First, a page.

We see this group work scaffolding as just as important as learning how to use a piece of equipment to take measurements in a lab. Students often arrive with habits of keeping their ideas secret. We say that we’re not looking for the Dragon’s Den person who ‘wins’ and actually, winning is sometimes about losing your idea or bringing it into the open so it can be iterated and improved. The way we put it is that to be truly excellent you have to help others to be excellent.

I mentioned already that we manage complexity for students based on their level of learning. We don’t do complex systems without systems boundaries until Level 6 or 7. This is why we give first years the problem of designing a new system from a blank slate – it means they’re thinking about conflicting requirements, which is a kind of systems thinking, but with a lot less complexity than retrofitting a system that already exists, like the existing London transport network, or existing buildings. This is because retrospectively adapting existing systems in the real world is often a matter of iterating based on a restricted number of leverage points which as a systems thinking problem is often really challenging.

But ultimately students do need to be able to claim that systems thinking competency, so this first year problem is the start of a thread that students follow throughout the degree. When they revisit it in their third year Energy Generation and Storage module, this time the constraints are removed, they gather their own data, the models are more complex because the systems already exists, and the techno-economical and lifecycle aspects are present.

One thing I often wonder about is how much to explain to students about why something is important without making them sick of the framing. We spend a lot of time justifying why we teach what we teach in the way we teach it, and it sometimes comes out in students’ reflections that they would rather just get on with the project. I sometimes wonder if women spend more time defending their decisions, and whether if we didn’t it would make a difference. But on the other hand, there are good pedagogical reasons to do it and it gives students a chance to criticise the approach.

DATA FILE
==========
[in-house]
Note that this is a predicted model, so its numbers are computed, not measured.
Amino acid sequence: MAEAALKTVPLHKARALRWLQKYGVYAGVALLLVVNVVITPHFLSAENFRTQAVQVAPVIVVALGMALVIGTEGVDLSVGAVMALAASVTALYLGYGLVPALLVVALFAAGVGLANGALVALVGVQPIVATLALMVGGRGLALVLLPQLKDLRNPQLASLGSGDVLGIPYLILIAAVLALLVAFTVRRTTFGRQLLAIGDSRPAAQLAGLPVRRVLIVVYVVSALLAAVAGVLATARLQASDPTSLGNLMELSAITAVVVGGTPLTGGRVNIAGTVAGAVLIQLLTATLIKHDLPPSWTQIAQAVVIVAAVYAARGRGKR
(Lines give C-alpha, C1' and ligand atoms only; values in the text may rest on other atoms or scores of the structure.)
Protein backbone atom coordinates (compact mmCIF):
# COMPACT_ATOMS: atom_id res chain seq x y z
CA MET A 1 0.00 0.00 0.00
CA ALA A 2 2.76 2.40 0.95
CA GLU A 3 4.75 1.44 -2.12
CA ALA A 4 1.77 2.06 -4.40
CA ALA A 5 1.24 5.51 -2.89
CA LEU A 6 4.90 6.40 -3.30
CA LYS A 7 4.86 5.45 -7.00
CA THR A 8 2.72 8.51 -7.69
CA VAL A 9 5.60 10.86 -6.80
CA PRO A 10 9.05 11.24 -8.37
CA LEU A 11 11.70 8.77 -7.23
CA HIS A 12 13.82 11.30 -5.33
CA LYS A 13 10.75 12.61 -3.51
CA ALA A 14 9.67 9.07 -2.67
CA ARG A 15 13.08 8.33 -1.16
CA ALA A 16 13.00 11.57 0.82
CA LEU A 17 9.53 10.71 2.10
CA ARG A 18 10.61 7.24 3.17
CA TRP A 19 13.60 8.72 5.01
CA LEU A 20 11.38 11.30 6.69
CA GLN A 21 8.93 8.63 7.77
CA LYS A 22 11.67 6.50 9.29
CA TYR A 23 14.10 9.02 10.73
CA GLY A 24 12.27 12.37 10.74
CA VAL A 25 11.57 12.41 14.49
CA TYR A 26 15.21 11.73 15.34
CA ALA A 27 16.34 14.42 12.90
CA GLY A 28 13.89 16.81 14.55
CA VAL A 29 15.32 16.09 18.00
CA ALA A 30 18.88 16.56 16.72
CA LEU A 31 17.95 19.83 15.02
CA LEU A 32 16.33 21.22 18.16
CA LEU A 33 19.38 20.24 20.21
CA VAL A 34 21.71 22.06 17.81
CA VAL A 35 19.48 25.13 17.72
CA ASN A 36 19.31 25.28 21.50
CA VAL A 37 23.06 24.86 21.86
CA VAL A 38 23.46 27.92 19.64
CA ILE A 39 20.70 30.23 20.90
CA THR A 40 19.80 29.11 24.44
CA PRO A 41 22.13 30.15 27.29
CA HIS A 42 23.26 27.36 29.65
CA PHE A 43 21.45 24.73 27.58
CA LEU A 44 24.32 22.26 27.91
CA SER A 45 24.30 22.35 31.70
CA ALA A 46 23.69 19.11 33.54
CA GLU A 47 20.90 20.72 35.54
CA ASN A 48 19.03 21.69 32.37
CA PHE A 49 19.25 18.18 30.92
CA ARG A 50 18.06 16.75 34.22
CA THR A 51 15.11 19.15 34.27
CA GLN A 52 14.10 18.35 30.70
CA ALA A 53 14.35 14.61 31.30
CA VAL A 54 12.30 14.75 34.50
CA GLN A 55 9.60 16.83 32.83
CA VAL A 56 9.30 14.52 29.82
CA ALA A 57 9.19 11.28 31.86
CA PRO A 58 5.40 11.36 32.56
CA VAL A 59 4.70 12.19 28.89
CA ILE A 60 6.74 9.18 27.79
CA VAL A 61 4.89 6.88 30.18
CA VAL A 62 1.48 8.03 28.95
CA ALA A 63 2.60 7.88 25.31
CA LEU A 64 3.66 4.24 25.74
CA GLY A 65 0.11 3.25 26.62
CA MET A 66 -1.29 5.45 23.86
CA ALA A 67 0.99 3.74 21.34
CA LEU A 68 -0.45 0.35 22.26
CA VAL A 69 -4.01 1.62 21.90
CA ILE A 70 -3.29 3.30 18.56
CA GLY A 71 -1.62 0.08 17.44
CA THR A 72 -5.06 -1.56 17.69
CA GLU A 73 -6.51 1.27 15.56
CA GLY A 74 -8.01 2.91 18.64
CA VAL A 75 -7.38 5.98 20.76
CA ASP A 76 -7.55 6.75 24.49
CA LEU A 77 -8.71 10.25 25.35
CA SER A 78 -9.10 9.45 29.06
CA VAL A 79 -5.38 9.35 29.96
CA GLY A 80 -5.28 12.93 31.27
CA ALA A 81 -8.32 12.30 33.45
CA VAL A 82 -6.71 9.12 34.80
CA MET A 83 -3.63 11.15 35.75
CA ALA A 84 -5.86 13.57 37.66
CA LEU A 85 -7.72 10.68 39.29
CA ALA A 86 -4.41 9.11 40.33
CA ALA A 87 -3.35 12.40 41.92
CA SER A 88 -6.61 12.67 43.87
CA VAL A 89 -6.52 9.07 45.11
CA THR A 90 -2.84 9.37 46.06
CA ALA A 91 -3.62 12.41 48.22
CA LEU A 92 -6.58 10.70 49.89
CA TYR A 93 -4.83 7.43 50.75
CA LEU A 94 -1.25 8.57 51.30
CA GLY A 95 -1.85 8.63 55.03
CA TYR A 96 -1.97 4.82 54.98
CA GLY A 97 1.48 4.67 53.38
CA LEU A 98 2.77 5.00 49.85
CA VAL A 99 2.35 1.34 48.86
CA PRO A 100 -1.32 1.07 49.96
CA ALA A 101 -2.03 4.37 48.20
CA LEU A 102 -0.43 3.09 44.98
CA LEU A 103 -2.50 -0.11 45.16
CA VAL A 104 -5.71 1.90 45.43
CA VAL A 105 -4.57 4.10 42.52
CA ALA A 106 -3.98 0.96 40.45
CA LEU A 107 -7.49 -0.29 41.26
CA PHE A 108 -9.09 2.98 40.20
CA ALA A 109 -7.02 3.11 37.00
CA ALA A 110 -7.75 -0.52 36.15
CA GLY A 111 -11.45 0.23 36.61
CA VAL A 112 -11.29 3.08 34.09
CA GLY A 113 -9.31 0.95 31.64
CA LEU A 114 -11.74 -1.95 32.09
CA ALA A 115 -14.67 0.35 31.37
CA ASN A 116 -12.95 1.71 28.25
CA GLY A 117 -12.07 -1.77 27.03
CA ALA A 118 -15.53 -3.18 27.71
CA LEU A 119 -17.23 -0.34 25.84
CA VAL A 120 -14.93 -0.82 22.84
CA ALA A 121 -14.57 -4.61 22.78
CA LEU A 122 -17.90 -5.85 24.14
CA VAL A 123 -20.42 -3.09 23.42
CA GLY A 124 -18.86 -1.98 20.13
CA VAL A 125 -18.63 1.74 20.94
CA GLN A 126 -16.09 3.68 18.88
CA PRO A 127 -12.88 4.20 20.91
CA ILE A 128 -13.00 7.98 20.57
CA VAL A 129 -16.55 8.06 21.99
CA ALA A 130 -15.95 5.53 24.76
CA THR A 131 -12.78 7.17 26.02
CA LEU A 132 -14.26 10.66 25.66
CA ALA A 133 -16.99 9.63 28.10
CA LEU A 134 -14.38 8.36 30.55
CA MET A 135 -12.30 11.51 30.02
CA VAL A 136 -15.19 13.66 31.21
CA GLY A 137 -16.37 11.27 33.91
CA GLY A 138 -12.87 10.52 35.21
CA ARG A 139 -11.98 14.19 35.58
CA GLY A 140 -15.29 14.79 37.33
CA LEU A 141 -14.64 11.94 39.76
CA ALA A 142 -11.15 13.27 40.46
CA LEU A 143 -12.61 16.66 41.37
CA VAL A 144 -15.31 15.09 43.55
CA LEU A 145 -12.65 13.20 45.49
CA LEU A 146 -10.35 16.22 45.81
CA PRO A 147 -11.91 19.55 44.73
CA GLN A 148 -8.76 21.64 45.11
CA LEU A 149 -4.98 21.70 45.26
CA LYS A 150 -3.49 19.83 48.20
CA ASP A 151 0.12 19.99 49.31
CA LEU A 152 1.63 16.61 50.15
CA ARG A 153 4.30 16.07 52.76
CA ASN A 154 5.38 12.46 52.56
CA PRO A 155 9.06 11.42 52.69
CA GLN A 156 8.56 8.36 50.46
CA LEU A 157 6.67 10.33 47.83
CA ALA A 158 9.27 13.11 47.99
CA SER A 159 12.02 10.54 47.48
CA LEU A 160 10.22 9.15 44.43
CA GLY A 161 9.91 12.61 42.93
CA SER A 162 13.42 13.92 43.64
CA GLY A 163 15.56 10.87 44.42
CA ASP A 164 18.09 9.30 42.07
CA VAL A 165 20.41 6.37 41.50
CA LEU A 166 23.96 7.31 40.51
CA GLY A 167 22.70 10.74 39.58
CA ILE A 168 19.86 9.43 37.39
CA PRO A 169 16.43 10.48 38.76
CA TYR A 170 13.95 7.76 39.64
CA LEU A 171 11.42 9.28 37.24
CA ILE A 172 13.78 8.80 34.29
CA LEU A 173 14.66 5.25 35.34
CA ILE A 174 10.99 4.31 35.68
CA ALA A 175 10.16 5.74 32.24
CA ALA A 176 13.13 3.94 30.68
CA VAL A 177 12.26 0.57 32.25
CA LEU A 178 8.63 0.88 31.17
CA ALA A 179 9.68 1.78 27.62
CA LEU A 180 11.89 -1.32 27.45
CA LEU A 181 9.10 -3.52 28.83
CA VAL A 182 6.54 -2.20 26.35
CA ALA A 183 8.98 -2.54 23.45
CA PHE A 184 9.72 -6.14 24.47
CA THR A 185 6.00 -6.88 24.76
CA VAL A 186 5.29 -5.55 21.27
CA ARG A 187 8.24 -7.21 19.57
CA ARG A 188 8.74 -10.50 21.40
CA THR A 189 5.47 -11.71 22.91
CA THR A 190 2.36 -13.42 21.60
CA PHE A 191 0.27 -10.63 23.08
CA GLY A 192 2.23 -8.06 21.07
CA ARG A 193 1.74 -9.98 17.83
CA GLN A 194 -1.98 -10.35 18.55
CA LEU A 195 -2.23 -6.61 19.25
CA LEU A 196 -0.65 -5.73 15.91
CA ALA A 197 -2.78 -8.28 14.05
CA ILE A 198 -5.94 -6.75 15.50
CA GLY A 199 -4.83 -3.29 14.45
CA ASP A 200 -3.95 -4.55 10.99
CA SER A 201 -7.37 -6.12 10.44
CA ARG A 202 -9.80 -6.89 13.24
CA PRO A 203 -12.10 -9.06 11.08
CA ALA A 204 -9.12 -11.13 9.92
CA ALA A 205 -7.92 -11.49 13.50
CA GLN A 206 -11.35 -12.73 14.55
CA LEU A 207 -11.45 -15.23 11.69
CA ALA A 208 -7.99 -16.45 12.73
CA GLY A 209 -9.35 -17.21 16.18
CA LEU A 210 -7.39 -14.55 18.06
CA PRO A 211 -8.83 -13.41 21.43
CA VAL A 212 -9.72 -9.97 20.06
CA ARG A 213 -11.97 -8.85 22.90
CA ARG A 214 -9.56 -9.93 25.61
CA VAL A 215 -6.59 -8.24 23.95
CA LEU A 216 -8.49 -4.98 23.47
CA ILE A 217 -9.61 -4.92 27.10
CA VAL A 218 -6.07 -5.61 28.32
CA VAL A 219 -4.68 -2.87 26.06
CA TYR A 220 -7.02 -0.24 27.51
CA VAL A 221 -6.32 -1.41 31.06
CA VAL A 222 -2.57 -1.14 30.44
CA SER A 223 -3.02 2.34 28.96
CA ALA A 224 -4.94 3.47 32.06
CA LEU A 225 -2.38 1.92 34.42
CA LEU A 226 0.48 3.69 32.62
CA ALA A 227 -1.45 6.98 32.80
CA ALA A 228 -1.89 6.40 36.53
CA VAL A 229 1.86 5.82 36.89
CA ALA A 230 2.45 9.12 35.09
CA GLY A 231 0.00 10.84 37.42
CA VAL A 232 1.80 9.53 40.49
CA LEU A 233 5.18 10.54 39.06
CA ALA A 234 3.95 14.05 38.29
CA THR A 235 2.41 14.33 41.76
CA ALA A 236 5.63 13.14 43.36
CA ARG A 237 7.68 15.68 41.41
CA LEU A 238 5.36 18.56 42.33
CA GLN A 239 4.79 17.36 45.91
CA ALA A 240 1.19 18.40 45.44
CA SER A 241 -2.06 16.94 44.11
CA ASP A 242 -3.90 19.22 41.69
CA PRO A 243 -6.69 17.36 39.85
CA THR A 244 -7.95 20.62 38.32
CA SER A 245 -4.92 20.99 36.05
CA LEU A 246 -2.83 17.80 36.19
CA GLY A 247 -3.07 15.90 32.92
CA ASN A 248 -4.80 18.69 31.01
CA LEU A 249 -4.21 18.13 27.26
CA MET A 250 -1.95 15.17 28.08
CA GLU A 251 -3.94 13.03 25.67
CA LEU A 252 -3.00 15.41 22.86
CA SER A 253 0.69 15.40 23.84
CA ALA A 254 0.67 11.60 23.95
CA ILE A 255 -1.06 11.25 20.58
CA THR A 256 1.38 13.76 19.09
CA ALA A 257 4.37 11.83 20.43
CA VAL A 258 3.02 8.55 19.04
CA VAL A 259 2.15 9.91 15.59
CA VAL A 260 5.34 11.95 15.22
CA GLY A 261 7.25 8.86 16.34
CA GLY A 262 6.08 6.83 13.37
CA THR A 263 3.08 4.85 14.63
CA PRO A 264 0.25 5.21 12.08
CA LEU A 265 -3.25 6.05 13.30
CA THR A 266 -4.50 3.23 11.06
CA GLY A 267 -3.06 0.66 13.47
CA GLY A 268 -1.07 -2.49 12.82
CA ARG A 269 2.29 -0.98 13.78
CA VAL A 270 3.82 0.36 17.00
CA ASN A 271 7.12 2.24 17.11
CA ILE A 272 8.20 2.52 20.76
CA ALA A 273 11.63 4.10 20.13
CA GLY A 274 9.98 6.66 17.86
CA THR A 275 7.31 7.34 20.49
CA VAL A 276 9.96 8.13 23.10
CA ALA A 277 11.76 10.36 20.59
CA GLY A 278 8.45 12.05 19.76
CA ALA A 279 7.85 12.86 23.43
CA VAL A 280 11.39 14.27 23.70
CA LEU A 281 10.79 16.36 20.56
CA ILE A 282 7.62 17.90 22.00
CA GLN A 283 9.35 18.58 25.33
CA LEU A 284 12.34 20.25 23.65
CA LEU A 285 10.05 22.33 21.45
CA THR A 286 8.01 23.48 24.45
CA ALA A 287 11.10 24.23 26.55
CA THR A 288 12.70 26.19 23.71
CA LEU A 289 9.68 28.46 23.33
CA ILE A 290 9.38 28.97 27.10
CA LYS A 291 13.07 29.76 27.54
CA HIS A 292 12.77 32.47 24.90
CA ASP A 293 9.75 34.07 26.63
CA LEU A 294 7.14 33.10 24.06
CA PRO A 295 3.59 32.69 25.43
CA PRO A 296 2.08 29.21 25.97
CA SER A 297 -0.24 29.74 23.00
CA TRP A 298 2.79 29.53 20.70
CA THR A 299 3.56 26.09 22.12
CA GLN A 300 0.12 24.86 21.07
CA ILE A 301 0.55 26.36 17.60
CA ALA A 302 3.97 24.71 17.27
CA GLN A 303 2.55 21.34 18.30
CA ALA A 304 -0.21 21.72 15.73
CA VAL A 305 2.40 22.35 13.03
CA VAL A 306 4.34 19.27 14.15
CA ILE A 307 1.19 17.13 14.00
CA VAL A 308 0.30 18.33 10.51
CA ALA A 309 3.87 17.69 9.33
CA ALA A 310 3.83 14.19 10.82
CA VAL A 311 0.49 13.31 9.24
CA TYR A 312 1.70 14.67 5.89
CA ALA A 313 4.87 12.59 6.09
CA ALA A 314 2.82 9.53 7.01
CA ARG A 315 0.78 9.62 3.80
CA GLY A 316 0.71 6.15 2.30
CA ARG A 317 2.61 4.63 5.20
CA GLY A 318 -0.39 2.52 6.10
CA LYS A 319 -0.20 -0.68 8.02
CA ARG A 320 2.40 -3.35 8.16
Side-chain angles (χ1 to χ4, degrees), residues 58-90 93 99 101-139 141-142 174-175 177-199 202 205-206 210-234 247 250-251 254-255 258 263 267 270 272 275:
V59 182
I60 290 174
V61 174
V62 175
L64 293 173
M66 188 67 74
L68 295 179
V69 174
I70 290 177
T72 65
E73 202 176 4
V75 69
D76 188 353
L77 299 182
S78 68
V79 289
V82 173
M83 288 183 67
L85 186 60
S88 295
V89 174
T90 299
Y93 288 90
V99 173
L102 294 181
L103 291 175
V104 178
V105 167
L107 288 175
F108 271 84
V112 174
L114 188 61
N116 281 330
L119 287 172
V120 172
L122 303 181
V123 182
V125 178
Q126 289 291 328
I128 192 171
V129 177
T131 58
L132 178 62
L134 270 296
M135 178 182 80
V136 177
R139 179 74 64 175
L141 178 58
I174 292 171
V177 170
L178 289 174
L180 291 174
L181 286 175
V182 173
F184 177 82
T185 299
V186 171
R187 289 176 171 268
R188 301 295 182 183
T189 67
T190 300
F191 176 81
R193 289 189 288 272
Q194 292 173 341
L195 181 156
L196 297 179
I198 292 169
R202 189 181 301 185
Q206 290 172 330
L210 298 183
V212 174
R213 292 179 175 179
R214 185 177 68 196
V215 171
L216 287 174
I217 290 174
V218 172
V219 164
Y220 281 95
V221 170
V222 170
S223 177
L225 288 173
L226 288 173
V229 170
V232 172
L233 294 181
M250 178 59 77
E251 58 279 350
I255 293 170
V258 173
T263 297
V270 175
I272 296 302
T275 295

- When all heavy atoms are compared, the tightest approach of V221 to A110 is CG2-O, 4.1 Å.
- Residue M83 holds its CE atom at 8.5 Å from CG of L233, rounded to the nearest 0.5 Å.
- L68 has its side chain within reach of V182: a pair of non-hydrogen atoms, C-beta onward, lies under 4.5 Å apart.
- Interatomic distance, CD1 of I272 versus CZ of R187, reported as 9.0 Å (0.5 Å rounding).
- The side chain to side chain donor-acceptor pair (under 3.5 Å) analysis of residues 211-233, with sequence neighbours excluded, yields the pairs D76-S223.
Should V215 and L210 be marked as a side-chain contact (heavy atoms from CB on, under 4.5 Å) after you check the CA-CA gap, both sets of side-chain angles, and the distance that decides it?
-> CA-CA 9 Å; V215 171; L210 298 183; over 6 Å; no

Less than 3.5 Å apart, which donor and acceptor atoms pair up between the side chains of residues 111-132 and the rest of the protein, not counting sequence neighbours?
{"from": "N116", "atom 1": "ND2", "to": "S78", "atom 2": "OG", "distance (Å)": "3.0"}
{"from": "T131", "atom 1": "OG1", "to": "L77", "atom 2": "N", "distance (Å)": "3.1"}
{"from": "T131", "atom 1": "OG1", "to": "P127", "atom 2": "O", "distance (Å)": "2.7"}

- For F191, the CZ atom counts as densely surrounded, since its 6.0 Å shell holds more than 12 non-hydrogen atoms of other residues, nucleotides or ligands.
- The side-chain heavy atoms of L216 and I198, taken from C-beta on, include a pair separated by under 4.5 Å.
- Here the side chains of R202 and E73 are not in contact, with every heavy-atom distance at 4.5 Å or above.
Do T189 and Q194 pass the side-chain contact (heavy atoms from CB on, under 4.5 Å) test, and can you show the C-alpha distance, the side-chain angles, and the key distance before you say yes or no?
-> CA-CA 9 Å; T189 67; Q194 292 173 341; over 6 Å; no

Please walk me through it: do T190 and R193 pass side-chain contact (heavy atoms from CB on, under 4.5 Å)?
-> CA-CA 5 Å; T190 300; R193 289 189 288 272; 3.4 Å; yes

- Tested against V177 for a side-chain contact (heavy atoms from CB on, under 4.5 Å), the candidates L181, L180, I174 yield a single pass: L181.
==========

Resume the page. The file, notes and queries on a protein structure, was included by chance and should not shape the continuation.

What benefits have you seen?

The labs mean that students are generally well-prepared for the second semester. They have a good understanding of engineering as multidisciplinary and can start to take different perspectives and recognise commonalities between problems in other disciplines. Typically this group project is not successful, and that’s why it exists – it’s there to shake things out a bit and give us a chance to observe the cohort ready for the next semester when the group project is higher stakes.

Students learn that sustainability needs both Engineering science and qualitative judgement. They learn that sustainability does have a cost, and Engineering science can be used to bring  quantitative sustainability equations to negotiating balanced outcomes between competing priorities. They get an introduction to some approaches and tools for that analysis, and they start learning how to reflect on their own contributions, roles and strengths.

Do you have any suggestions?

We’re talking here about a single module, but we don’t think it is possible to fully develop the sustainability competencies in just one module and it would be a mistake to try to put everything students need to know about sustainability into a single module. So we are separating the sustainability science from the sustainability competencies, and mapping the competencies out across the degree so we can reinforce them all the way through.

I really recommend to anyone to make a table for their discipline where they set out the knowledge students will learn but also the corresponding skills which help them learn really well and become great mathematicians, historian or lawyers. And then to think about whether some sustainability competencies are more advanced and cognitively challenging than others, and how to develop them.

Building sustainability partnerships in International Marketing

This Education for Sustainability case study is from Dr Romas Malevicius, Lecturer (Assistant Professor) in Marketing at King’s Business School. He is passionate about education for sustainability and is interested in embedding sustainability in the curriculum. He was appointed in March 2022 to lead Level 6 undergraduate International Marketing module with 200 students.

“Authentic assessment and project-based learning brings real clients and real examples into the classroom and empowers students not just to complete the work and do well, but at the same time to feel that they’re doing something meaningful to address global challenges.”